Frequent urination. Increased thirst. Always feeling hungry. Feeling very tired. Blurry vision. Slow healing of cuts and wounds. Tingling, numbness, or pain in the hands or feet. Patches of dark skin.

Early signs and symptoms of diabetes

Frequent urination. When your blood sugar is high, your kidneys expel the excess blood sugar, causing you to urinate more frequently. Increased thirst. Fatigue. Blurred vision. Increased hunger. Unexplained weight loss. Slow-healing cuts and wounds. Tingling or numbness in the hands or feet.

What food causes diabetes?

To start eating healthier today, keep an eye out for these four food groups that are known to increase the risk of type 2 diabetes. Highly Processed Carbohydrates. Sugar-Sweetened Drinks. Saturated and Trans Fats. Red and Processed Meats What Colour is urine if you have diabetes

·         Diabetes can cause cloudy urine when too much sugar builds up in your urine. Your urine may also smell sweet or fruity. Diabetes can also lead to kidney complications or increase the risk of infections of the urinary tract, both of which can also make your urine appear cloudy.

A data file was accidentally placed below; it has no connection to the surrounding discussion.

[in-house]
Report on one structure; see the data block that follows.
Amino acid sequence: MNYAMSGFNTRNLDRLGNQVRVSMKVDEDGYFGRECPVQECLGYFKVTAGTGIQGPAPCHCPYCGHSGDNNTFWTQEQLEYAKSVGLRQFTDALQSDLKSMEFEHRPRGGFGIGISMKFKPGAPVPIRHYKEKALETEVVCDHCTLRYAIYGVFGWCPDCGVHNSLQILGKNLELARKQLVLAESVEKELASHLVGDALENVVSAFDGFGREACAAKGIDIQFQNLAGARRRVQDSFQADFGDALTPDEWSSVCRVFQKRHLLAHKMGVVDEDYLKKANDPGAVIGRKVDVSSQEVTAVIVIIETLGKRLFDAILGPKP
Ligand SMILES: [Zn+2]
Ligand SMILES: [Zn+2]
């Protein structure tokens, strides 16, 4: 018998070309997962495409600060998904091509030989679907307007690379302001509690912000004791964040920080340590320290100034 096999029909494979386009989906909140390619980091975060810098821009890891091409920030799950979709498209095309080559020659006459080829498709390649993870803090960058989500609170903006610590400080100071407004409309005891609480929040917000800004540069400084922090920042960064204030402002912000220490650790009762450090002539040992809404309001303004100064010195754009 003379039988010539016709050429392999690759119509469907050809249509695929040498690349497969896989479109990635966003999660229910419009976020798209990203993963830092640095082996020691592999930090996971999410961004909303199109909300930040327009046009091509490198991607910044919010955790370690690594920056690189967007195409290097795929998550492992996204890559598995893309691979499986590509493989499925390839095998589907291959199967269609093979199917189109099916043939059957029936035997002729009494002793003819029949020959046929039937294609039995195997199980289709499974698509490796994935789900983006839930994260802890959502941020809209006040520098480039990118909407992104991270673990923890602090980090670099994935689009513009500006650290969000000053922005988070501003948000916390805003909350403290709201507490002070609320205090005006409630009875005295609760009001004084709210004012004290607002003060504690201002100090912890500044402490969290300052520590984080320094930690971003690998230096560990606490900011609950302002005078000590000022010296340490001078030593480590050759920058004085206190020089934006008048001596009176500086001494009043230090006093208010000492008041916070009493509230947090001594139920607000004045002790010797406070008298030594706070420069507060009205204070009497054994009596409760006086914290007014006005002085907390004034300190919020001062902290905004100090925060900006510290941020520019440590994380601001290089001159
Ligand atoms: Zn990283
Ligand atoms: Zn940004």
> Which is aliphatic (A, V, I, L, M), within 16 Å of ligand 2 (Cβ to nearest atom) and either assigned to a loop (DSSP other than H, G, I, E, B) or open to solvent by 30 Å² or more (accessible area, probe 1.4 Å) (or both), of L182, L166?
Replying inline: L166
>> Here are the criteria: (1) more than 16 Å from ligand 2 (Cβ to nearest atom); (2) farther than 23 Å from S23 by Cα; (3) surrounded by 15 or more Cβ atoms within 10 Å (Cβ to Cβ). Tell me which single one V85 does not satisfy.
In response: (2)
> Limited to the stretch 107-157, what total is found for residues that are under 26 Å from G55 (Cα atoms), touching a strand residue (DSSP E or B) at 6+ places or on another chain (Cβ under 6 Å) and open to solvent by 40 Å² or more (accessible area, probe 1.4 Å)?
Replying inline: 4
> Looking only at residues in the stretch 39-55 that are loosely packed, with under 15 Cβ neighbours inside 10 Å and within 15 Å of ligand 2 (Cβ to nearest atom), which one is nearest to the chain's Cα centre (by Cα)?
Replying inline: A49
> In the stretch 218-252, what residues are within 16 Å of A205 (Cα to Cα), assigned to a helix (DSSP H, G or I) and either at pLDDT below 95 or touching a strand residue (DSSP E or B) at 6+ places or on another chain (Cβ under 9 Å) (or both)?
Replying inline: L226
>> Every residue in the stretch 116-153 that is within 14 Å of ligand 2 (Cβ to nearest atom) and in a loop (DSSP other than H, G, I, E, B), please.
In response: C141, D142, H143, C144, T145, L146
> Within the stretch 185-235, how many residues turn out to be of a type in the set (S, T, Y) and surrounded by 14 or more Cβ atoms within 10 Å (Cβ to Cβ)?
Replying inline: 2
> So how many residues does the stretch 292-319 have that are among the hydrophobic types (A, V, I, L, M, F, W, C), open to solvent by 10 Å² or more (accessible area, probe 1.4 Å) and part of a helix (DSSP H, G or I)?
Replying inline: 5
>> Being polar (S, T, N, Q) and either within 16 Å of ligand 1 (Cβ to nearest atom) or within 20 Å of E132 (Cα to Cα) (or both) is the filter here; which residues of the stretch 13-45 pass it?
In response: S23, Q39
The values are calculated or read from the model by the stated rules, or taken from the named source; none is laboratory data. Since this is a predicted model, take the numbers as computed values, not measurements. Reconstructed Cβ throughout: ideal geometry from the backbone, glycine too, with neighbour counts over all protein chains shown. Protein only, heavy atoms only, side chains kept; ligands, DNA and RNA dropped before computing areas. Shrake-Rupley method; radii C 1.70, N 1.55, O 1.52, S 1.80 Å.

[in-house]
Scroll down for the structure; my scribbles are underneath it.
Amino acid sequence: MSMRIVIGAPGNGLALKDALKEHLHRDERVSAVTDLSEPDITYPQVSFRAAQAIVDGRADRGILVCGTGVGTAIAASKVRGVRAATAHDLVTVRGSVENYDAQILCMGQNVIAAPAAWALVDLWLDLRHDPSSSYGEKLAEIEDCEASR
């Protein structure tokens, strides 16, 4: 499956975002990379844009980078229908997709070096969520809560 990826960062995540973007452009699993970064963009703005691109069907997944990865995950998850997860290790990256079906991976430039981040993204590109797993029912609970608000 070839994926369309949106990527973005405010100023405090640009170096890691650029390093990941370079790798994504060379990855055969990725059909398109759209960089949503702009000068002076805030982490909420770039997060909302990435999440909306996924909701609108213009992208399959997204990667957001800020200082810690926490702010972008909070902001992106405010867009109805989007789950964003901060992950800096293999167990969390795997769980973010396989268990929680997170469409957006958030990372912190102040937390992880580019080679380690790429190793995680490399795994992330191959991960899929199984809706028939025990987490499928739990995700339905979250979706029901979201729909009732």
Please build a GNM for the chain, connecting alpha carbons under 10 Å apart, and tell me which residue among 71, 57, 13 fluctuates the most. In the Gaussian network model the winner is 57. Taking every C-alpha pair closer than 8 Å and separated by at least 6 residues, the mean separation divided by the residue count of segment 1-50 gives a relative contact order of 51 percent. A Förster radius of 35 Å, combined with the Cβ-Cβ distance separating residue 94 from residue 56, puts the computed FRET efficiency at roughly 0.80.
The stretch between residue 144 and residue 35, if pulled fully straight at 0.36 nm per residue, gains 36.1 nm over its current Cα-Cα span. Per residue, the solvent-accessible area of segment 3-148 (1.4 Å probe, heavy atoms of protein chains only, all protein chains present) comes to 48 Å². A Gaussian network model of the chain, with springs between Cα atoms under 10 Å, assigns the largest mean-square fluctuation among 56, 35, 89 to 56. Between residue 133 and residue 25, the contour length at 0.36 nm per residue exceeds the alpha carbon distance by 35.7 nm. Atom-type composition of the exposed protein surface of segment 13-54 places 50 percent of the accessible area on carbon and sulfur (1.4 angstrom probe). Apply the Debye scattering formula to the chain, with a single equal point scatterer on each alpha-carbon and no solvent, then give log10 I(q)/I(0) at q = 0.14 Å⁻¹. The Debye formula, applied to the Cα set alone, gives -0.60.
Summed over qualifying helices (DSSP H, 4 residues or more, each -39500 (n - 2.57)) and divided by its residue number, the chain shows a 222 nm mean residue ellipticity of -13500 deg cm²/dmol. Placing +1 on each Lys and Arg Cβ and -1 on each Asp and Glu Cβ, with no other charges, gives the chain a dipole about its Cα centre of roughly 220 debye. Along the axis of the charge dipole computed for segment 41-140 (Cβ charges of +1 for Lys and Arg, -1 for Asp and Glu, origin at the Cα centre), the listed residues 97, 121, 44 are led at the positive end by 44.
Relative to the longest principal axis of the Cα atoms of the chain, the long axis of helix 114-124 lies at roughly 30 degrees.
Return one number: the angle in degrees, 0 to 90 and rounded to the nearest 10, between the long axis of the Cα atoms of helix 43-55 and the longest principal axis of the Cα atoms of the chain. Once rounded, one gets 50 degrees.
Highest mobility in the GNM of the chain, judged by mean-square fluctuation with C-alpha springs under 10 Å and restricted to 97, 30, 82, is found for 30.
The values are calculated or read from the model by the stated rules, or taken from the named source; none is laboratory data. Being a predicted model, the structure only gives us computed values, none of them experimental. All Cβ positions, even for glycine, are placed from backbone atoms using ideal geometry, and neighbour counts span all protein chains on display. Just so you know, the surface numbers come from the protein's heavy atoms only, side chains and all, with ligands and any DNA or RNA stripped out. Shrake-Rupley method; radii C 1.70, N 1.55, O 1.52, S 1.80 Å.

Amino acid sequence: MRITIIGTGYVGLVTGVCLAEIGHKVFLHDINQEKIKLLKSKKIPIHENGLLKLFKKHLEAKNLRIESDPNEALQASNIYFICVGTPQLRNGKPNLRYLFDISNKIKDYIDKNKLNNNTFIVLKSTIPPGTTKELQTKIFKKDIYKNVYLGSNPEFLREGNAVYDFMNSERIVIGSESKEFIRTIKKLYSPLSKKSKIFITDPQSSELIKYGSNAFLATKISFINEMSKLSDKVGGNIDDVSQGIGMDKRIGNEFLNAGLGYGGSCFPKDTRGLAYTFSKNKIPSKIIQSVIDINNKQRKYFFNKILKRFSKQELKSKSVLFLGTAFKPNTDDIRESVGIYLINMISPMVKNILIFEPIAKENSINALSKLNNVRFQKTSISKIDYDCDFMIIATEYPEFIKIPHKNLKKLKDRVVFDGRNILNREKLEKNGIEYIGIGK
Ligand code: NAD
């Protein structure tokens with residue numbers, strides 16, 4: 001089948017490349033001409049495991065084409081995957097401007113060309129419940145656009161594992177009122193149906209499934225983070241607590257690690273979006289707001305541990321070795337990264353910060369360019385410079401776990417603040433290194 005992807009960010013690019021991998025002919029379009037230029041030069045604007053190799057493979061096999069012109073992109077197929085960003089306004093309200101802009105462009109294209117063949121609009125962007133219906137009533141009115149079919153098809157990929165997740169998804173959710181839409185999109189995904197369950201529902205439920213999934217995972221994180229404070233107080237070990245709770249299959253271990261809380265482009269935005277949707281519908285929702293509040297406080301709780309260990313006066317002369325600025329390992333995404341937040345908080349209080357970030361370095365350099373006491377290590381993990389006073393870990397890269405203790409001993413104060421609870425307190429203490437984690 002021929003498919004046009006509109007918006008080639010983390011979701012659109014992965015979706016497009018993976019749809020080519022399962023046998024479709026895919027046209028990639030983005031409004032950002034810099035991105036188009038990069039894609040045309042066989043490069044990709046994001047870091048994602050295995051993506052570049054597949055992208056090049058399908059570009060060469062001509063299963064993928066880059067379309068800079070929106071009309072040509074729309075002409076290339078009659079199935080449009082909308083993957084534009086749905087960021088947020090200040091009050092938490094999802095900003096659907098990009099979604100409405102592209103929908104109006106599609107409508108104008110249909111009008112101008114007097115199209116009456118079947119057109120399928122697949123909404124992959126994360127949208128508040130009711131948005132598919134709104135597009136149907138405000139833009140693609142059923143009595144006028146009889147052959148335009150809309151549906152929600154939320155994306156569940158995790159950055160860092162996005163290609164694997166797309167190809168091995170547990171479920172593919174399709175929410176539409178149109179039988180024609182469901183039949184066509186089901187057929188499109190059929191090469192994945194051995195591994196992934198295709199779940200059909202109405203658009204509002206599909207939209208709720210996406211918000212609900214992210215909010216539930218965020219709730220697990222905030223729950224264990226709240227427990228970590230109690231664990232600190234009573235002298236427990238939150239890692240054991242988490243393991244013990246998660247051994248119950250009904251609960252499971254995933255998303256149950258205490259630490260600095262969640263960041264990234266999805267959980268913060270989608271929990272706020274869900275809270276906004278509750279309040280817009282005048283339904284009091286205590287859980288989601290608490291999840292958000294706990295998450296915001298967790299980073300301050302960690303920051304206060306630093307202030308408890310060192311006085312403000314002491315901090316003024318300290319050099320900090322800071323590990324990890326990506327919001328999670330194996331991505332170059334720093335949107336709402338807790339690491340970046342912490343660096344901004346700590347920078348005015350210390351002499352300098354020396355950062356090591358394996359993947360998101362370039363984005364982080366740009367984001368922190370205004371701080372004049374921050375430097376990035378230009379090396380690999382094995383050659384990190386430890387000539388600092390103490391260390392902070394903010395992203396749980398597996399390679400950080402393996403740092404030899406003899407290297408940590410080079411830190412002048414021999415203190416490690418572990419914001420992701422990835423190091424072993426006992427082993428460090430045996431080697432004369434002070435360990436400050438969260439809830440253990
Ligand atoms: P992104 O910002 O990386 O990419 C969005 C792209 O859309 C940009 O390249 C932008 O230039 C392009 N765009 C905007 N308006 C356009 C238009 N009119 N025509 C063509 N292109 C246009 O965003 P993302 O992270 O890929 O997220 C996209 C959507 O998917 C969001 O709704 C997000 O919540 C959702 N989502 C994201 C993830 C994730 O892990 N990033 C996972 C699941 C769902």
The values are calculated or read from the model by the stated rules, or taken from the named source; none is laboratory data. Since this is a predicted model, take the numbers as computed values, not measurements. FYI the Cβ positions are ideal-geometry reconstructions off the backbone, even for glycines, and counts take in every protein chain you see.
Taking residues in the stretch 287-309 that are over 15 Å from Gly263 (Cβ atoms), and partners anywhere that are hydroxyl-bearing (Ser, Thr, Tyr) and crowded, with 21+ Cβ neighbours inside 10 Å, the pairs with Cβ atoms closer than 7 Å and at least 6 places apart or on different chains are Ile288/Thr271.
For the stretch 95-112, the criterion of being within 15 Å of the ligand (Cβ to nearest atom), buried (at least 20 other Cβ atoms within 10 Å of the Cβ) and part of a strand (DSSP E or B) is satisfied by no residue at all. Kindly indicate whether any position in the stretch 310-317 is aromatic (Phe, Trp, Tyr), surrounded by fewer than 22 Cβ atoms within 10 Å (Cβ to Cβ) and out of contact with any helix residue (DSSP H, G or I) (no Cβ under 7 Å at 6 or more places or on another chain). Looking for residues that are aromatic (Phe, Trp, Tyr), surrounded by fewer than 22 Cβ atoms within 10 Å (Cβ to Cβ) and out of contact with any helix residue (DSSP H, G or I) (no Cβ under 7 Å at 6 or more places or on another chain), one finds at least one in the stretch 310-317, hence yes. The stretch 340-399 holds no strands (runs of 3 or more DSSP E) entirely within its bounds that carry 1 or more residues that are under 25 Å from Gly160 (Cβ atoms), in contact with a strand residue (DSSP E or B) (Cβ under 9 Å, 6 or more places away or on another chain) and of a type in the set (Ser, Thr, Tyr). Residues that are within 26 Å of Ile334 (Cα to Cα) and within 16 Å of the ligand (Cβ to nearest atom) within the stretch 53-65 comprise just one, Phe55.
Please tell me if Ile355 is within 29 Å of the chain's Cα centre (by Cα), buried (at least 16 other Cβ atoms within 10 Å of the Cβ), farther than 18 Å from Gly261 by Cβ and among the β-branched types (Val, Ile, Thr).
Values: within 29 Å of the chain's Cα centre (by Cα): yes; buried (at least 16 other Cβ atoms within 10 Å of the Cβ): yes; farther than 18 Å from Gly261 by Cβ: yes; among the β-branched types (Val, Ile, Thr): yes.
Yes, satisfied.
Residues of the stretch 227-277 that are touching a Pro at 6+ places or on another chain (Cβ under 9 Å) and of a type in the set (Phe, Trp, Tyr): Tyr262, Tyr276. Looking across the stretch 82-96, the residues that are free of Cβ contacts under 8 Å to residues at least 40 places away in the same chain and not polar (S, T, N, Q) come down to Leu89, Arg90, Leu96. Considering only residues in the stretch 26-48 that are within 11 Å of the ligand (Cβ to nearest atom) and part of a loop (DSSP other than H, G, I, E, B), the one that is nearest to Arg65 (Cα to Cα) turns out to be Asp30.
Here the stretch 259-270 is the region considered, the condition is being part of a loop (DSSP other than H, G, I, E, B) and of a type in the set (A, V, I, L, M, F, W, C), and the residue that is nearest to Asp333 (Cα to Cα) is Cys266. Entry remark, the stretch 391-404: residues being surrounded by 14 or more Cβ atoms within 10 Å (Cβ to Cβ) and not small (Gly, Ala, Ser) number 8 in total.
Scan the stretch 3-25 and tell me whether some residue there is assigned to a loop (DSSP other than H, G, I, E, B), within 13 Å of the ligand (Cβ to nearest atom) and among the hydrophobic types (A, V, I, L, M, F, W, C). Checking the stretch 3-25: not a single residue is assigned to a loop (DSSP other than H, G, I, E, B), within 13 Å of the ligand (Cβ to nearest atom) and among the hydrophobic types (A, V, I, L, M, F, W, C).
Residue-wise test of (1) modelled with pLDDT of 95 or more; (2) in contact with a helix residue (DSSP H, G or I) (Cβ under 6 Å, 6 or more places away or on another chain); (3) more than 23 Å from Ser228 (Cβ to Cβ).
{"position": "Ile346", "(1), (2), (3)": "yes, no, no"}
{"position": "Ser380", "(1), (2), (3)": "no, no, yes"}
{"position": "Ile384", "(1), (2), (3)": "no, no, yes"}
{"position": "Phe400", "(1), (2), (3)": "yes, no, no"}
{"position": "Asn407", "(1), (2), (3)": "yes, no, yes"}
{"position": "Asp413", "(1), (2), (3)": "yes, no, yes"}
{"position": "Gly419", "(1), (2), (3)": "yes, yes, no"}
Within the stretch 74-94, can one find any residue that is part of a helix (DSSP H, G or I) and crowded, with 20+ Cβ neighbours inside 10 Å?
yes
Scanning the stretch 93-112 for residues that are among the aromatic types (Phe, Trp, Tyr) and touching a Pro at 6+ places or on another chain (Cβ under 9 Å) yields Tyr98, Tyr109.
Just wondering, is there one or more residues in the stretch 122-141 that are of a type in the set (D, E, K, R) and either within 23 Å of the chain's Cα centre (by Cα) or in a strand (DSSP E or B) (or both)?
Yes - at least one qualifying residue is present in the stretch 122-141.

What are the signs of diabetes in a woman

Symptoms in both women and men increased thirst and hunger. Frequent urinating, weight loss or gain with no obvious cause, fatigue, blurred vision, wounds that heal slowly, nausea, skin infections.

How do you feel when sugar is low?

Low blood sugar (hypoglycemia)

Sweating, feeling tired, dizziness, feeling hungry, tingling lips, feeling shaky or trembling, a fast or pounding heartbeat (palpitations) becoming easily irritated, tearful, anxious, or moody.

What are the 5 worst foods for diabetics?

Sugar-sweetened beverages. Sugary beverages are the worst drink choice for someone with diabetes. Trans fats. Artificial trans fats are extremely unhealthy. White bread, rice, and pasta. Fruit-flavored yogurt. Sweetened breakfast cereals. Flavored coffee drinks. Honey, agave nectar, and maple syrup. Dried fruit.

What should you eat to avoid diabetes?